Archis 2001 #4

A computer lady’s perspective

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Novelties benefit from being different and therefore interesting, but they also give good cause for scepticism. They are not per se significant, unless elaborated in a careful and responsible way in order to provide a basis for further progress.

New Technologies:

New technologies are a major catalyst and an important means for setting inventions in motion. They generate new needs and expectations, and allow for new architectonic expressions. For example, blob-like forms or interactive buildings can be designed and constructed thanks to technological inventions. The introduction of the computer as a draughting tool began in the 1960s. Apart from being an aid for producing plans, it became a medium that supported the architect in exploratory design processes and the management of complex construction processes. The Internet, as a global communication network, makes it possible to construct virtual spaces for collaboration and collective reflection among professionals and students alike.

Information Architecture:

There are new fields opening up in the architectural discipline. The design of virtual information and communication spaces is known as ‘information architecture’. Architecture is the correct term for this respect, even though there are some disputes on this issue. Information architecture, as a very young field, makes it possible to appreciate and demonstrate the qualities of architecture in a new context. It allows for the re-discovery of underlying principles, of crucial aspects of the intellectual discourse, and of important thought processes to handle the constant challenge posed by an ever-changing world.

Convergence:

Architecture is not only developing in its own realm, it is constantly assimilating achievements from other fields. Currently we are confronted with the need for a convergence of architecture with the many technologies we rely upon. ‘Smart buildings’ or the ‘combination of the digital and the physical space’ combining information architecture with physical structure and spaces, are upcoming issues in this regard. They raise questions about the conceptual design as well as social, cultural, economic, and health-related implications.

Tradition:

State-of-the art architecture is the collective result of the efforts of architects from the past and the present. The insights and experiences of many centuries provide us with an undeniable wealth of qualities, principles, and strategies. Some of them are valid fundamentals, while there are others that we have yet to transcend. The acceptance or rejection of achievements of the past is as important for ongoing architectural evolution as coming up with new inventions.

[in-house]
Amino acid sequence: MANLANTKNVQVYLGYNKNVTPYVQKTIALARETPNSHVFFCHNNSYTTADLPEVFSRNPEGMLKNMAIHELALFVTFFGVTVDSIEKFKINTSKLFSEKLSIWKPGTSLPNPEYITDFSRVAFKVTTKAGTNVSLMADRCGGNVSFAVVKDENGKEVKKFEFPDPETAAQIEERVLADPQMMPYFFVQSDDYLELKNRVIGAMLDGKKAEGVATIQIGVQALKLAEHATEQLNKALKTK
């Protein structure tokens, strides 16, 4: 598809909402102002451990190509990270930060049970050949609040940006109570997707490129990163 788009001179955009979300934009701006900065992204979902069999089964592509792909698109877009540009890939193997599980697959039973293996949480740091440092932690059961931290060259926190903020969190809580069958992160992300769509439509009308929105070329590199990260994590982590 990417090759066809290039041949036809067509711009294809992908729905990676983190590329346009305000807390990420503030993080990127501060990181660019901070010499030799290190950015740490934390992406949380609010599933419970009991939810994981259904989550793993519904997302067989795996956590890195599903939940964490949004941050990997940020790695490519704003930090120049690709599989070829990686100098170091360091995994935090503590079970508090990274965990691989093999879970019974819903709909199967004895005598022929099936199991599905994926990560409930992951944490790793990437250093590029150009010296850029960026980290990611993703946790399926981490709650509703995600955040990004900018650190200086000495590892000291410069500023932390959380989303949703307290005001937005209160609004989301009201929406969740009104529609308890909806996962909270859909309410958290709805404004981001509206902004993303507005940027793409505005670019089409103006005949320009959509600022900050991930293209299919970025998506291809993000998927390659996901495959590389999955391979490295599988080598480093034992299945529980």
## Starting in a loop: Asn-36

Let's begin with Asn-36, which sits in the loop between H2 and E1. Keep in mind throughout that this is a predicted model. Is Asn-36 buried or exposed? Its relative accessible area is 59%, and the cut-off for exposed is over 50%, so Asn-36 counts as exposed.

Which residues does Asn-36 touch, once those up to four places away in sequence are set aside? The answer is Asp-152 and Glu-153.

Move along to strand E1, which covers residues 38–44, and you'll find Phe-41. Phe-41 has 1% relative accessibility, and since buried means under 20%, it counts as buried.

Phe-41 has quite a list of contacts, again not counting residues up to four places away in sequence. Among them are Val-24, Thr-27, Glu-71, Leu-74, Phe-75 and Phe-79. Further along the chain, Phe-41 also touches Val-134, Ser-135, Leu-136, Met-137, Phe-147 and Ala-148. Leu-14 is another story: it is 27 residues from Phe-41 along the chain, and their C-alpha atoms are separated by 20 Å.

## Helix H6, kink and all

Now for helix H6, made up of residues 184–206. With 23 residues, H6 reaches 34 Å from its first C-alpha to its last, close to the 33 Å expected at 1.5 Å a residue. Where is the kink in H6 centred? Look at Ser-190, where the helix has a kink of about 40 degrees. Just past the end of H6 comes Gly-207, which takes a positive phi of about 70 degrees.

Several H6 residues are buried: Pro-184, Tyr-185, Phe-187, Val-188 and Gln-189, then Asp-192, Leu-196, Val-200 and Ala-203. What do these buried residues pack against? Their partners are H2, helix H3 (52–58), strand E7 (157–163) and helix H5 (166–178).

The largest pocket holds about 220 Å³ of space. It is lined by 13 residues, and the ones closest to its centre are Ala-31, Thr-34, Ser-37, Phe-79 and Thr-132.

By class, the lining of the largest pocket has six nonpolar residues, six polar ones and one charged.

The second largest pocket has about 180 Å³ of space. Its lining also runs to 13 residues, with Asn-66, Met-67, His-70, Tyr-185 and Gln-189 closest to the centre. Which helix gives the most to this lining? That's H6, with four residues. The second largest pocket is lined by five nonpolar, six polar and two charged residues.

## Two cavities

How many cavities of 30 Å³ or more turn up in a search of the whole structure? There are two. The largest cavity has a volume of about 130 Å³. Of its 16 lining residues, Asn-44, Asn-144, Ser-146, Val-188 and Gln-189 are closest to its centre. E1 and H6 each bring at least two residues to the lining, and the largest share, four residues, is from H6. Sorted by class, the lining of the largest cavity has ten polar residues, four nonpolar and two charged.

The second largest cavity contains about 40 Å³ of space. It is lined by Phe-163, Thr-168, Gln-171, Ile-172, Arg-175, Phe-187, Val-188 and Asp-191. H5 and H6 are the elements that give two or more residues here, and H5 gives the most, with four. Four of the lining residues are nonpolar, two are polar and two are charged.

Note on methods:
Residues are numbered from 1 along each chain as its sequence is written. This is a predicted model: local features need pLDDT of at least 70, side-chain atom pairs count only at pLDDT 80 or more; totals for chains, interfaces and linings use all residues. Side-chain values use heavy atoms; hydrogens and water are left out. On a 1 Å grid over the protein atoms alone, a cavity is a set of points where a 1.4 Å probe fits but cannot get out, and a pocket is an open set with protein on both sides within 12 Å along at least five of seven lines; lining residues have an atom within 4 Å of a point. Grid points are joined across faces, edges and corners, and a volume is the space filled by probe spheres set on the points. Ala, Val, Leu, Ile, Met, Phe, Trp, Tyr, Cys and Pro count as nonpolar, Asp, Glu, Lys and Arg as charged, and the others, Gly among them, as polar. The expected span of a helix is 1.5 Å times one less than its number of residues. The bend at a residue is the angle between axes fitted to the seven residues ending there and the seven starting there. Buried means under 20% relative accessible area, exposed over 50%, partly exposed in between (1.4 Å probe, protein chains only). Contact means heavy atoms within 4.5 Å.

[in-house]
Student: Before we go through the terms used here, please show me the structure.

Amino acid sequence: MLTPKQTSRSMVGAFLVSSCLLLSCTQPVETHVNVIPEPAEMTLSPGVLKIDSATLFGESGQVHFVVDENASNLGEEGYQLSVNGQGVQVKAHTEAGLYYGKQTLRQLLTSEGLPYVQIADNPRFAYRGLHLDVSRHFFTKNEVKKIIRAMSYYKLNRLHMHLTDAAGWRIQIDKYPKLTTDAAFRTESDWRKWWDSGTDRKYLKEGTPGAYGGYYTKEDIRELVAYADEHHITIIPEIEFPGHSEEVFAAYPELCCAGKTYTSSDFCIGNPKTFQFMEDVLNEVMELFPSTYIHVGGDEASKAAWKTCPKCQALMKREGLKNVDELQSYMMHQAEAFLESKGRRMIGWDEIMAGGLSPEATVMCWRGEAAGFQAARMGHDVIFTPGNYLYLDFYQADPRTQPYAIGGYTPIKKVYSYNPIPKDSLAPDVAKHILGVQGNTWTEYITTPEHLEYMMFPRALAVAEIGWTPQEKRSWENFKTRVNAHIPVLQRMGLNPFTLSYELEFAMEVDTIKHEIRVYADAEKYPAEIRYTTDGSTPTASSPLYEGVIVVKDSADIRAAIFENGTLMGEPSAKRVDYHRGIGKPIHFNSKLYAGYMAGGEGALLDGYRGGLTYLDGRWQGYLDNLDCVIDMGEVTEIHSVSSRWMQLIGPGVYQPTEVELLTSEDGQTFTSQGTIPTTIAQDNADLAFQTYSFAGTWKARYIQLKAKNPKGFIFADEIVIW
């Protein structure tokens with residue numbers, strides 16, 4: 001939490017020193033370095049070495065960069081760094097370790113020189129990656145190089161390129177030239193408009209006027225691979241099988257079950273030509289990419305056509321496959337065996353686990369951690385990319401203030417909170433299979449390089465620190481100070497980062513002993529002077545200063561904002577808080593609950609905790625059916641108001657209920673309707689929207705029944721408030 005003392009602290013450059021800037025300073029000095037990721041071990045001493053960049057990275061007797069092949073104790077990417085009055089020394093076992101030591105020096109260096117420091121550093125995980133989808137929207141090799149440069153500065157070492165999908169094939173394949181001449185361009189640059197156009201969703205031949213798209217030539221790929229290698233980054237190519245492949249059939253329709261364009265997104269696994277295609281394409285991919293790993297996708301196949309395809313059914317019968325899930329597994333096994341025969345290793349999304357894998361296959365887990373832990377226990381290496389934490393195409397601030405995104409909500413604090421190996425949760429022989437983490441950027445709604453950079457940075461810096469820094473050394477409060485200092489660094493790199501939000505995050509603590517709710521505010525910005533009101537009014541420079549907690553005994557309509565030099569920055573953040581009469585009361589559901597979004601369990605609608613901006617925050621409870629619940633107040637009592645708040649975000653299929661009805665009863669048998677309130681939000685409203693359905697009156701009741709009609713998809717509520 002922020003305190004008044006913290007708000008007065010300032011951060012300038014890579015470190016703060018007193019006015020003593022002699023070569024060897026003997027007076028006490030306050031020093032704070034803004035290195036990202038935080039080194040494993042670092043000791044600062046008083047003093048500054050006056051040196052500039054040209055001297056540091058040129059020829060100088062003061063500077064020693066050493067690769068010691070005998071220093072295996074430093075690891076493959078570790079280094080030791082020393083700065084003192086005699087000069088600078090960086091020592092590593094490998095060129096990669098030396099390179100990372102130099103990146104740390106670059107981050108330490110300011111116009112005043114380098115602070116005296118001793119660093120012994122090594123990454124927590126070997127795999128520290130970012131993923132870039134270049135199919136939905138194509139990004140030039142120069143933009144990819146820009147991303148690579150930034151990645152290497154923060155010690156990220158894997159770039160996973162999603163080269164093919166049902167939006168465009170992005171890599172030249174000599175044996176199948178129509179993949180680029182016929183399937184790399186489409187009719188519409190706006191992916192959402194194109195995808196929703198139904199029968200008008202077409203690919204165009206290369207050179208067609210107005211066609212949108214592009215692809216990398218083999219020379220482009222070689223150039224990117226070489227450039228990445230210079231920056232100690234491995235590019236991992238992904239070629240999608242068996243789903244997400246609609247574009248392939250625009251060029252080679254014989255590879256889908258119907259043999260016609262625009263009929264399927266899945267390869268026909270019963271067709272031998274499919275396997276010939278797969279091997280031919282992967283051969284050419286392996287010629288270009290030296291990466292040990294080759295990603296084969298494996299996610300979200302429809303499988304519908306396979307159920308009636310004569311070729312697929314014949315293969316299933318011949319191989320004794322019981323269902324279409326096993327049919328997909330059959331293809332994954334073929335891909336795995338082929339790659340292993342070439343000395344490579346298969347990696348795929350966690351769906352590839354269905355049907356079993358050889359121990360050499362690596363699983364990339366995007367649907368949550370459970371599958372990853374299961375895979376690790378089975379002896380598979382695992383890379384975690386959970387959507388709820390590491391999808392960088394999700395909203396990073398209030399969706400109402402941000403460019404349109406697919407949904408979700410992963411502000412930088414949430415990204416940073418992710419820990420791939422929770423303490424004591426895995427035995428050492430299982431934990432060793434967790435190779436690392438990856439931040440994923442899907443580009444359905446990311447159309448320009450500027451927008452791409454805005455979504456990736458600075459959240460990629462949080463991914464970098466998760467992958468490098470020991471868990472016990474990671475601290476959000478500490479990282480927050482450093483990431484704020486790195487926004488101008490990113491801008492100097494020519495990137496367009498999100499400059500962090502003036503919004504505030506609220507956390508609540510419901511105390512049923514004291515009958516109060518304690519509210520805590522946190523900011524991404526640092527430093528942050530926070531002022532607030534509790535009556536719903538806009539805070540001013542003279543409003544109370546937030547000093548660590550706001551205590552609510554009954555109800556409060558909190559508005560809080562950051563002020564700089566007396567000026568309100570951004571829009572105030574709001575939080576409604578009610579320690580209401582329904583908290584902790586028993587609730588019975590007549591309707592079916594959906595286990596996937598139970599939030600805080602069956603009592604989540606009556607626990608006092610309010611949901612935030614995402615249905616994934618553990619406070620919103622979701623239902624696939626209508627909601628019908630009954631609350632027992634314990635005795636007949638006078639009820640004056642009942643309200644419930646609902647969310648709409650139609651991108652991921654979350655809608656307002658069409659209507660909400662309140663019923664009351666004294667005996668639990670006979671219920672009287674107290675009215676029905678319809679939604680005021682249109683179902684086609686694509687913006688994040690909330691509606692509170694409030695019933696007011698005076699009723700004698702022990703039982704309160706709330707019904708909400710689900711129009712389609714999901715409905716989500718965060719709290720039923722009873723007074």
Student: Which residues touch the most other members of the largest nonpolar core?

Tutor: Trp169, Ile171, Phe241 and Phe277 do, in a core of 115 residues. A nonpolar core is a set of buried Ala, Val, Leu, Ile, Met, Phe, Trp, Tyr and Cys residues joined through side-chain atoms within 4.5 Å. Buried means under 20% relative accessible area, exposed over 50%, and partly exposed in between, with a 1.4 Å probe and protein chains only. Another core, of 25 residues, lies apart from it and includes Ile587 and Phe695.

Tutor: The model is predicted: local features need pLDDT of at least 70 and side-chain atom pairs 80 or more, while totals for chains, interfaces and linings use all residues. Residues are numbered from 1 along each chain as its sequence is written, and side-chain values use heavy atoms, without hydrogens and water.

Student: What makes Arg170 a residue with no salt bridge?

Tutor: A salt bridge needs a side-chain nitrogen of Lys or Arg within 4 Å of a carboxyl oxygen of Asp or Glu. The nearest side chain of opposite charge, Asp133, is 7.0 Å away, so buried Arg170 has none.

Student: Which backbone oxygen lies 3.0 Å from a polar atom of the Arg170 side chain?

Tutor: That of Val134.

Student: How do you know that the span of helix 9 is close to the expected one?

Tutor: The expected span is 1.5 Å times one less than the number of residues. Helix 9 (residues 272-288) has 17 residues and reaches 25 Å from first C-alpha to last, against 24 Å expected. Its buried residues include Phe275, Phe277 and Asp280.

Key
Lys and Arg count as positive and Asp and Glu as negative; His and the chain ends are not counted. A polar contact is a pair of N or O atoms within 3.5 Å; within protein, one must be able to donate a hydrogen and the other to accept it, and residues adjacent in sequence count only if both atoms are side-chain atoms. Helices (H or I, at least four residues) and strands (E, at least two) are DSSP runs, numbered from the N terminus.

Players:

Designing and realizing great buildings is the traditional occupation of an architect. But most graduates opt for other kinds of careers. Some positions allow for a bigger impact on architecture than others. Theorists, journalists, construction firm managers and politicians all play a vital role in the advancement of the field.

No Reboot:

I often get e-mails from former students telling me they have decided to abandon architecture because they are ‘much more interested in programming/writing/interface design/…’. I suspect that they will become architects and programmers/writers/interface designers. The acquired architectonic expertise can drive any creative process, even more so if structure, usability, reliability and aesthetics are important qualities of the result.

Open Source:

There is no other academic field that is as interdisciplinary and as visible as architecture. Everybody is confronted with architecture and everybody is a user of architecture. The architectural discourse is not confined to an academic and intellectual level. There is a large audience for architecture and giving it a voice is beneficial to the development of the field; on the one hand because of the insights this can throw up and on the other hand because it accelerates acceptance of the changing architectural culture.

Educating the Task Force:

Regarding architecture as a field and not only as a profession is a precondition for an intellectual discourse that respects different perspectives. The education of designers does not have to be central to the curriculum; the aim should be to educate professionals who can contribute significantly to the field of architecture. It is an education towards understanding the importance of architecture, towards taking responsibility in whatever position one later finds oneself, and towards collaborating creatively in a field that is in a constant state of development, stimulated by the changes in the manifold aspects of its global context. Some of this can be learned in design tasks, but there are other equally important learning processes. Occasions must be provided for sound theoretical work, for research, for explorations of new technologies, for the integration of social themes, and for inquiries regarding the validation of innovations so that architecture graduates will be equipped to take on the numerous important roles in the field of architecture.

Maia Engeli is Assistant Professor for Architecture and CAAD at the ETH Zurich and Head of the ETH World Center. Her field of specialization is Information Architecture.

‘Eventspaces – a multi-author game and design environment by Fabio Gramazio, Urs Hirschberg, Kerstin Höger, Michele Milano, Benjamin Stäger and the students of the 99/00 course.’